An International Committee had been convened at the Coptic Museum in Cairo in 1956 but did not produce effective publication plans and was not reconvened after the Suez crisis. Hence UNESCO intervened to overcome the impasse. In 1961 René Maheu, General Director of UNESCO, and Saroit Okacha, Minister of Culture and National Guidance of the United Arab Republic, launched a plan to name a “committee of translation and publication of the manuscripts of Nag Hammadi.” On 28 April 1961 N. Bammate, Chief of the Section of Human Sciences at UNESCO, invited Walter Till and another specialist yet to be designated to join with the Director of the Coptic Museum, Pahor Labib, on a month-long “technical mission” to make an inventory of the library, preferably in September 1961, in view of a meeting of the committee planned for November 1961 and the launching of the project “at the beginning of 1962.” Unfortunately, Till’s deteriorating health made such a trip impossible. But this Preliminary Committee, consisting of Pahor Labib as Chairman with Martin Krause and Michel Malinine, met in Cairo 9–30 October 1961. They submitted the first part of their report on 4 November 1961. Meanwhile an International Committee, to be created by a decree of the government of the United Arab Republic, was being nominated by UNESCO. By 20 October 1961 Gerard Garitte, Antoine Guillaumont, Martin Krause, Gilles Quispel, and Torgny Säve-Söderbergh had accepted, while the acceptance of Richard A. Parker was awaited. Henri-Charles Pucch and Walter Till had been proposed as Consultants for the Committee. The first meeting, of a week’s duration, was scheduled for the end of November or December 1961. By 22 November the date was deferred to “the first months of 1962.
#6. Barry, J. D., & Krause, M. S. (2012, 2013, 2014, 2015). Nag Hammadi Codices. In J. D. Barry, D. Bomar, D. R. Brown, R. Klippenstein, D. Mangum, C. Sinclair Wolcott, … W. Widder (Eds.), The Lexham Bible Dictionary. Bellingham, WA: Lexham Press.
The Codices and Their Content
The titles of the Nag Hammadi texts are not consistent across various editions and translations, but most scholars recognize the titles used by Robinson in The Nag Hammadi Library. The list below presents the content of the 13 codices according to Robinson’s titles; it also gives each text’s numerical designation (e.g., “I,2,” indicating the second tractate of the first codex) and common abbreviation (e.g., “Ap. Jas.”). For additional study, see Craig Evans’ list of texts, translations, and commentaries on the Nag Hammadi texts (Ancient Texts for New Testament Studies, 280–84).
Codex 1 is also known as the Jung Codex and includes five texts, which are as follows.
The Prayer of the Apostle Paul (I,1; Pr. Paul). This short pseudonymous prayer is written on the flyleaf of Codex 1. It has gnostic language, such as references to the “archon ear” and the “Psychic God.” This work is classified as an example of Valentinian Gnosticism.
The Apocryphon of James (I,2; Ap. Jas.). A supposed “secret message” (apocryphon) given to James and Peter by Jesus 550 days after the resurrection; presented as a pseudonymous letter written by James that claims to have been originally in Hebrew. This work may have belonged to a more conservative strand of Gnosticism.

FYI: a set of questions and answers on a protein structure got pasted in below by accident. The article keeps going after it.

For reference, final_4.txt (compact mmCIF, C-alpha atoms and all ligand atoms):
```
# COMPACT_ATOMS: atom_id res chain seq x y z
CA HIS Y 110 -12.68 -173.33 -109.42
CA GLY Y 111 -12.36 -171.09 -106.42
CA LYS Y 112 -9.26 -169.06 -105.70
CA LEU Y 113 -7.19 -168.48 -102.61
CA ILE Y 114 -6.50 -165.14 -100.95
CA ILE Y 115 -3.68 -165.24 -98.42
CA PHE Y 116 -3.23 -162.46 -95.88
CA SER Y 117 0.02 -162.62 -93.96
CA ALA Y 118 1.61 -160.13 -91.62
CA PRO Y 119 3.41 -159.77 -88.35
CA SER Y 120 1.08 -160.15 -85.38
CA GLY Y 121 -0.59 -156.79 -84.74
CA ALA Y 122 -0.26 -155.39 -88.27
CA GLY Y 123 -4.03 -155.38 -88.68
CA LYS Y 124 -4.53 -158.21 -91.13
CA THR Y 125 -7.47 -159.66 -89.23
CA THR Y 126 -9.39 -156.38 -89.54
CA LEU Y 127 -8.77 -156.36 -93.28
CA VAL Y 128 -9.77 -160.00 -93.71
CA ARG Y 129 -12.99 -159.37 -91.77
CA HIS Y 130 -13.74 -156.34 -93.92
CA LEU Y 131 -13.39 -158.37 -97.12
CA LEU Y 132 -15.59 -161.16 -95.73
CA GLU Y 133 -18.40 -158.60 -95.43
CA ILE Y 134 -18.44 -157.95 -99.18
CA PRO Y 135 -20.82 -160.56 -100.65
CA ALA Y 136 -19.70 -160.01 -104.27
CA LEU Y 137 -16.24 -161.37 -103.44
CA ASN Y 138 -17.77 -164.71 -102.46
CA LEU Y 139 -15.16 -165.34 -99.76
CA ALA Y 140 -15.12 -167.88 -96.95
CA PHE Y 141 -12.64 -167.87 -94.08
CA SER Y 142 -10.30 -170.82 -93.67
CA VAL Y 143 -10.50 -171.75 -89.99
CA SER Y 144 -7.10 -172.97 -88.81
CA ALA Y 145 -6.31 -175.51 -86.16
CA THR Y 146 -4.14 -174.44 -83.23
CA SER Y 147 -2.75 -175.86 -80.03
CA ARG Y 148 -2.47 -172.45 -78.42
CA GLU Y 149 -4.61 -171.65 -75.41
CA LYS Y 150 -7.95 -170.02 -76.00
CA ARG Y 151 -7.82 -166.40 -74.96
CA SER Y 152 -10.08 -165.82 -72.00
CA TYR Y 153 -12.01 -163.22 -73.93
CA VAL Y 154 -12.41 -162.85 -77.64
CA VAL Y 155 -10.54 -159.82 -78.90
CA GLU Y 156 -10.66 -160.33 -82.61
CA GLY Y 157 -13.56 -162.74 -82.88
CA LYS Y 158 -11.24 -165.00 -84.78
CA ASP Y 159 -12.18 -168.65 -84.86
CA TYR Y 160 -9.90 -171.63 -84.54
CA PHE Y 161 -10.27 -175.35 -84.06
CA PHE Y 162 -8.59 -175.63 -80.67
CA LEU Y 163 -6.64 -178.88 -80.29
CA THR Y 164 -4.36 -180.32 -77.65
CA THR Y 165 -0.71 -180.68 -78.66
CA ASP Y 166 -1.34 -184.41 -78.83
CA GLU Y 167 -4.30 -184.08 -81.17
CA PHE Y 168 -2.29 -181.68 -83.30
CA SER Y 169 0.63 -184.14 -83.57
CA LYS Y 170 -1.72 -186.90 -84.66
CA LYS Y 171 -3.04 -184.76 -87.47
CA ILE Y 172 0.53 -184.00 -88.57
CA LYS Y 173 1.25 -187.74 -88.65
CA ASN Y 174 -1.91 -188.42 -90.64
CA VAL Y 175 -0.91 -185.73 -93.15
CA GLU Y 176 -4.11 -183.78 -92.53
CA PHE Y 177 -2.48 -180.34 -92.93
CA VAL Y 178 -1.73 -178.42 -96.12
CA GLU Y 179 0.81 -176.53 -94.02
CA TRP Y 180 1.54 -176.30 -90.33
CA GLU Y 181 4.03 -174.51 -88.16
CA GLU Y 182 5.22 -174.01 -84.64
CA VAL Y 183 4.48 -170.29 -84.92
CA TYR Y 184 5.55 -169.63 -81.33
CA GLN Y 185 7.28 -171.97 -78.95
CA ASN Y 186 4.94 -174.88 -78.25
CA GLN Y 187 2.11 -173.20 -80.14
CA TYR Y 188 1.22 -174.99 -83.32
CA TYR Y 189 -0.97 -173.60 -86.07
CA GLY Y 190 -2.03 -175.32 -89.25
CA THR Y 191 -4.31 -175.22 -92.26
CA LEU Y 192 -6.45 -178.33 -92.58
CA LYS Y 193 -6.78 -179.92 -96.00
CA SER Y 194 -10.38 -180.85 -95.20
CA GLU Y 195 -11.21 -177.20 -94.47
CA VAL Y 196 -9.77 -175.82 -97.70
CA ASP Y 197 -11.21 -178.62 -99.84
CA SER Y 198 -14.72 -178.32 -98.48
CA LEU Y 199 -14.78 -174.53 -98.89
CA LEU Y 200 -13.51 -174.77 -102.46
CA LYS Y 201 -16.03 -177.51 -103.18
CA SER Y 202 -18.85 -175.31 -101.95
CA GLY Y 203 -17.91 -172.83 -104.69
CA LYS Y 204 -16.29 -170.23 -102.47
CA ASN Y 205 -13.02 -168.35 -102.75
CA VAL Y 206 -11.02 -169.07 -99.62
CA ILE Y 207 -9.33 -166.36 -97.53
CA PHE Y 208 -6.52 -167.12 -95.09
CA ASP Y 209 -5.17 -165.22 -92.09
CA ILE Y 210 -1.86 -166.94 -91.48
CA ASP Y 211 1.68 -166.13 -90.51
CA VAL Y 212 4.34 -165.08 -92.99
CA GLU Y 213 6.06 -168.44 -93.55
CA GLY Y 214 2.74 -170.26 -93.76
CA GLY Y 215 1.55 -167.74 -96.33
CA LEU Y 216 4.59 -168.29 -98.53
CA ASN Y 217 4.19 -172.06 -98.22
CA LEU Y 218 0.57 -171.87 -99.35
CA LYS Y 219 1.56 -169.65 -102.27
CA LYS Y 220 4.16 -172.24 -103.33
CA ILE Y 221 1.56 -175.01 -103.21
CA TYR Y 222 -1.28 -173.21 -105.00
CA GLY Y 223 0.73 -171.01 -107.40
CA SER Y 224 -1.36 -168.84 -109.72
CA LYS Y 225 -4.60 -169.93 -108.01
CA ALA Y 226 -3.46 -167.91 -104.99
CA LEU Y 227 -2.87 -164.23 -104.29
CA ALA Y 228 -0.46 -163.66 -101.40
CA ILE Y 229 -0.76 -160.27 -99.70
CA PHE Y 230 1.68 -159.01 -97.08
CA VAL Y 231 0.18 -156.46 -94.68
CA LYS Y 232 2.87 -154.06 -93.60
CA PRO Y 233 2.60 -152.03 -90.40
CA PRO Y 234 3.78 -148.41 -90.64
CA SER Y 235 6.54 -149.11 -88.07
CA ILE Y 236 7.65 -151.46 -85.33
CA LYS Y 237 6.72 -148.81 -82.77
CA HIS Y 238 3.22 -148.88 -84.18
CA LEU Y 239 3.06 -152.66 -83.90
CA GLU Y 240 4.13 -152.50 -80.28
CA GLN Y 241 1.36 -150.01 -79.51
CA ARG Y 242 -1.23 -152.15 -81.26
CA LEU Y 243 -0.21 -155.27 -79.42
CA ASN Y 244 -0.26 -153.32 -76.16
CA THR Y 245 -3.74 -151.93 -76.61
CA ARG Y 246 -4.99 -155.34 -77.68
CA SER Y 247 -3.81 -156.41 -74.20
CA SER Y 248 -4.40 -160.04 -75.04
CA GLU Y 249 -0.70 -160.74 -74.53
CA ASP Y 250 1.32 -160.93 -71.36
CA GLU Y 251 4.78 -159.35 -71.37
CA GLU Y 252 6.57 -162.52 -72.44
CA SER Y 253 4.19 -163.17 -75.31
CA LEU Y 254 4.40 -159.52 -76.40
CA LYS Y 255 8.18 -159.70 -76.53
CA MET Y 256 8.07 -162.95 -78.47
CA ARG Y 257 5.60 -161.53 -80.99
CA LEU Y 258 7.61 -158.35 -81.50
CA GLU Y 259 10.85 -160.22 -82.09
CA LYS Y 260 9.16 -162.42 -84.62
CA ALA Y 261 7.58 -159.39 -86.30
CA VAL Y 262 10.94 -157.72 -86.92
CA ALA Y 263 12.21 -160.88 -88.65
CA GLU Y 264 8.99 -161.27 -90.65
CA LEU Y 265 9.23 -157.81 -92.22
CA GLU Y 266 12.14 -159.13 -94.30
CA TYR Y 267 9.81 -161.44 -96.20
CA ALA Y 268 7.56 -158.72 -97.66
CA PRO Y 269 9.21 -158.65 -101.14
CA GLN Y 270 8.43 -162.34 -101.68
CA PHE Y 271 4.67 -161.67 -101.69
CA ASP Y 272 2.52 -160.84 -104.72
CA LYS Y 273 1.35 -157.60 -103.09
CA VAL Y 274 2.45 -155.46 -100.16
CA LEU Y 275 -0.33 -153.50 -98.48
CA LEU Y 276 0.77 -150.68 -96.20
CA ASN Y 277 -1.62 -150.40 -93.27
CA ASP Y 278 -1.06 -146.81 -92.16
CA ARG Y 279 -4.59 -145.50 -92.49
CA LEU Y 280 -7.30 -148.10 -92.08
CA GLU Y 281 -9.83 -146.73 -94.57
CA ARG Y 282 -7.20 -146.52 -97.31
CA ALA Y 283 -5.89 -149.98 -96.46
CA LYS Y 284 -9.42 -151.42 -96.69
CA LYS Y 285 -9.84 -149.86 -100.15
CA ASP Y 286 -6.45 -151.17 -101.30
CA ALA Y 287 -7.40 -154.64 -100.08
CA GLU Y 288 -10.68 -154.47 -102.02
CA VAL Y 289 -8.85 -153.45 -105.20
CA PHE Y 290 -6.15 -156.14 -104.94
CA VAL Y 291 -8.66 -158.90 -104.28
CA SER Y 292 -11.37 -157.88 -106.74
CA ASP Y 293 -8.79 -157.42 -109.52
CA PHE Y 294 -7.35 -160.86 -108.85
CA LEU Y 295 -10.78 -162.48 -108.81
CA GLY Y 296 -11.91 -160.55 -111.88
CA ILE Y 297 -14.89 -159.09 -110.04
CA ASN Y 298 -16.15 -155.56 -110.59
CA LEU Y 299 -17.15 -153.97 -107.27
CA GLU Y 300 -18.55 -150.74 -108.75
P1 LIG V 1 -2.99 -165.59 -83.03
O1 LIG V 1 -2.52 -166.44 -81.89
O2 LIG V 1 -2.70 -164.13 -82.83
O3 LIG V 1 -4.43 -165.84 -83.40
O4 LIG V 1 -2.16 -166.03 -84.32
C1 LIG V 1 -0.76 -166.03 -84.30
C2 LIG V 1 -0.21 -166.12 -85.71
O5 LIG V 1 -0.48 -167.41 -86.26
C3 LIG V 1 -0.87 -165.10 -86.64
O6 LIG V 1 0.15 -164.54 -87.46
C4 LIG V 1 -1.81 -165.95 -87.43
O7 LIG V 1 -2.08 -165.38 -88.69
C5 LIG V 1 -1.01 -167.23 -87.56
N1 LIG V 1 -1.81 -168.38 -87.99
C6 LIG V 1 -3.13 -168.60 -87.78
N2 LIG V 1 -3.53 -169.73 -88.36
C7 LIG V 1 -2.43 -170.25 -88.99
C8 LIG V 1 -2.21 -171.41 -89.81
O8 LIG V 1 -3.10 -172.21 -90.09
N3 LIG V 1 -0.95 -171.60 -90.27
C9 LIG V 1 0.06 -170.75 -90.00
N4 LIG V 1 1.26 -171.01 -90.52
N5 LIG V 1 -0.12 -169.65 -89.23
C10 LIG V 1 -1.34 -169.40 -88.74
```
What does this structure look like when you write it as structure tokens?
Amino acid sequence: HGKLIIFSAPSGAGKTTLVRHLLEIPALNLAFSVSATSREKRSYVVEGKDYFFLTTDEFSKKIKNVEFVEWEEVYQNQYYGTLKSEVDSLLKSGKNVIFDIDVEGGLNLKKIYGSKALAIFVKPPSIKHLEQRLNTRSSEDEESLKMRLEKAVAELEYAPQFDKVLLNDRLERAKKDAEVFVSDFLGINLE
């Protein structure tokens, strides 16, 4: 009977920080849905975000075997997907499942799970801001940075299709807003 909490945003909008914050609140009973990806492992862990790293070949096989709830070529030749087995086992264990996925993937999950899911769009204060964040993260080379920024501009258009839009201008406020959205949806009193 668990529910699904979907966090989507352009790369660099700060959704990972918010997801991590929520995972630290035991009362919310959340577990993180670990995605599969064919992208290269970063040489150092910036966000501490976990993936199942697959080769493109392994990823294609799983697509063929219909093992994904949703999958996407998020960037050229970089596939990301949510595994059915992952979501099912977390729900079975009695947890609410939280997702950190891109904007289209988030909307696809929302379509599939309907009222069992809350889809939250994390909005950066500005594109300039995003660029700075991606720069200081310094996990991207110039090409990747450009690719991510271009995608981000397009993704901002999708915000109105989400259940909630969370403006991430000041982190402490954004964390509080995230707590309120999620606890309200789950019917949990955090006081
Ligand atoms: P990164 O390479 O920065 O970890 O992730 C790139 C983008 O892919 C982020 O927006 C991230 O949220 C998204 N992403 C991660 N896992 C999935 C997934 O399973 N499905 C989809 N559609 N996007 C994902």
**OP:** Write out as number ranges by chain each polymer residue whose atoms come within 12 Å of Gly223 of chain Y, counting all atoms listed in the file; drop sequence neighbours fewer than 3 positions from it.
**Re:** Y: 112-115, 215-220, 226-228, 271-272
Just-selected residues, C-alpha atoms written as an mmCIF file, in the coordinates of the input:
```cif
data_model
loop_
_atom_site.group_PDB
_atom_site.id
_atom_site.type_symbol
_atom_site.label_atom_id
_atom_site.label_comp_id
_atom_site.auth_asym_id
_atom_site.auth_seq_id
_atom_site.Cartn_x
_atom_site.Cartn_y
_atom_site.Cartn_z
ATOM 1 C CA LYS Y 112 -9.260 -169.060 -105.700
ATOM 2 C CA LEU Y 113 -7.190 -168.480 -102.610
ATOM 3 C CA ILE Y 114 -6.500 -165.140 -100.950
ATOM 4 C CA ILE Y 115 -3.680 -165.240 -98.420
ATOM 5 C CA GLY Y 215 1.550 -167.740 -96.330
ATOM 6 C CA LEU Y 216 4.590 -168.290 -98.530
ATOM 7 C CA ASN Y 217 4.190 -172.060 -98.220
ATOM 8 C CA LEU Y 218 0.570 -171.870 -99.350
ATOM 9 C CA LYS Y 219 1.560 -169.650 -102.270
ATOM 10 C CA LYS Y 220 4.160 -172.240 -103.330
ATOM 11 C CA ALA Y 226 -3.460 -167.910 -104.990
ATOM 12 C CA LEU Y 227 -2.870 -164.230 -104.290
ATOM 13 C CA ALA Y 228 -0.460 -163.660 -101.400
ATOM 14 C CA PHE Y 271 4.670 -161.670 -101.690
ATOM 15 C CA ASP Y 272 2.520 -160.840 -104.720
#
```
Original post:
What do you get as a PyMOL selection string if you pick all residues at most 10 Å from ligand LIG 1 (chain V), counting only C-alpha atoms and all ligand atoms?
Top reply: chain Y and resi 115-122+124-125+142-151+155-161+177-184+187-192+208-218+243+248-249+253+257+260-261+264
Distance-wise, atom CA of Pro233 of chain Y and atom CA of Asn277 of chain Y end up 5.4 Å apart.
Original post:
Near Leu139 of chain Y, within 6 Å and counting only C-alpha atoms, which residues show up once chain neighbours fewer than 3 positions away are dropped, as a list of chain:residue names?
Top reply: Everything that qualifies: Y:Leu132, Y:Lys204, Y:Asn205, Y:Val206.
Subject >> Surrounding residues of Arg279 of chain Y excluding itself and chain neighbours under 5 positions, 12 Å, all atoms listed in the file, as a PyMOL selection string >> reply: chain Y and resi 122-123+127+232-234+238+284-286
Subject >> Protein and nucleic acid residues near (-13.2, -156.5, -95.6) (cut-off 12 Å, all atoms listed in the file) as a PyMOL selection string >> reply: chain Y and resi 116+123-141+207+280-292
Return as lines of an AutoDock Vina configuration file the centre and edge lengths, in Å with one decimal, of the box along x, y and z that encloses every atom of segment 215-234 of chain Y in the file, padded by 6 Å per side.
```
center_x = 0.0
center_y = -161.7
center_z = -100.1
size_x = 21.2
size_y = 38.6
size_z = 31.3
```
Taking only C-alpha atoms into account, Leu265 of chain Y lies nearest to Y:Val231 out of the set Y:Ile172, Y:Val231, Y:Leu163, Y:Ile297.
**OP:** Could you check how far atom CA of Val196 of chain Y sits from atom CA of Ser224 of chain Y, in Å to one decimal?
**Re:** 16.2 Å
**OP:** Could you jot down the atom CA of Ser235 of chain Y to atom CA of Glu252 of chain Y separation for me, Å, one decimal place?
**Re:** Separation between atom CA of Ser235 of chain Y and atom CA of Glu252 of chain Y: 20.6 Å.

The Gospel of Truth (I,3; Gos. Truth). This text is also found in Codex 12 (XII.2). This is not a “gospel” like the narratives of the New Testament, but rather a self-identified “Gospel of Truth”—an exposition of gnostic teaching and viewpoints on Jesus. This work seems to be a gnostic sermon with Valentinian influence, which fits with church father Irenaeus’ remark that either a disciple of Valentinus or Valentinus himself wrote the work. Irenaeus’ mention of Gospel of Truth in his work against heresies indicates that he viewed it as heretical (see Haer. 3.11.9).
The Treatise on the Resurrection (I,4; Treat. Res.). This work is a discussion on the nature of the resurrection according to a gnostic viewpoint; it departs from the New Testament’s view of resurrection, and interprets resurrection in light of its own mythological, gnostic viewpoint. It claims to be teaching received from Jesus. This work is influenced by Valentinian Gnosticism, but departs from Valentinian thought at several points, showing the viewpoint of some other form of Gnosticism that is difficult to classify.
The Tripartite Tractate (I,5; Tri. Trac.). The longest of the Nag Hammadi texts, this is an exposition of gnostic theology/philosophy in three parts: the origin of all things as emanations from God; an interpretation of Genesis 1–3 based on this explanation; and an interpretation of salvation through Christ according to this way of thinking. This work is classified as an example of Valentinian Gnosticism.
For further details, see these articles: Prayer of the Apostle Paul; Apocryphon of James; Gospel of Truth; Treatise on the Resurrection; Tripartite Tractate.
Codex 2 is made up of seven texts, which are as follows.
The Apocryphon of John (II,1; Ap. John). This work is also found in Codex 3 (III,1), Codex 4 (IV,1), and the Berlin Codex. The Codex 2 and Codex 4 copies are known as the longer form version. Apocryphon of John describes a pseudonymous, “secret message” from the risen Christ to the Apostle John; this message is a gnostic exposition of the creation, fall, and salvation of humanity. It is particularly concerned with the question of theodicy. The Apocryphon of John is an example of Sethian Gnosticism. Premises of the Apocryphon of John were used by church father Irenaeus to oppose Gnosticism; if he knew of the work, Irenaeus viewed it as heretical (Haer. 1.29).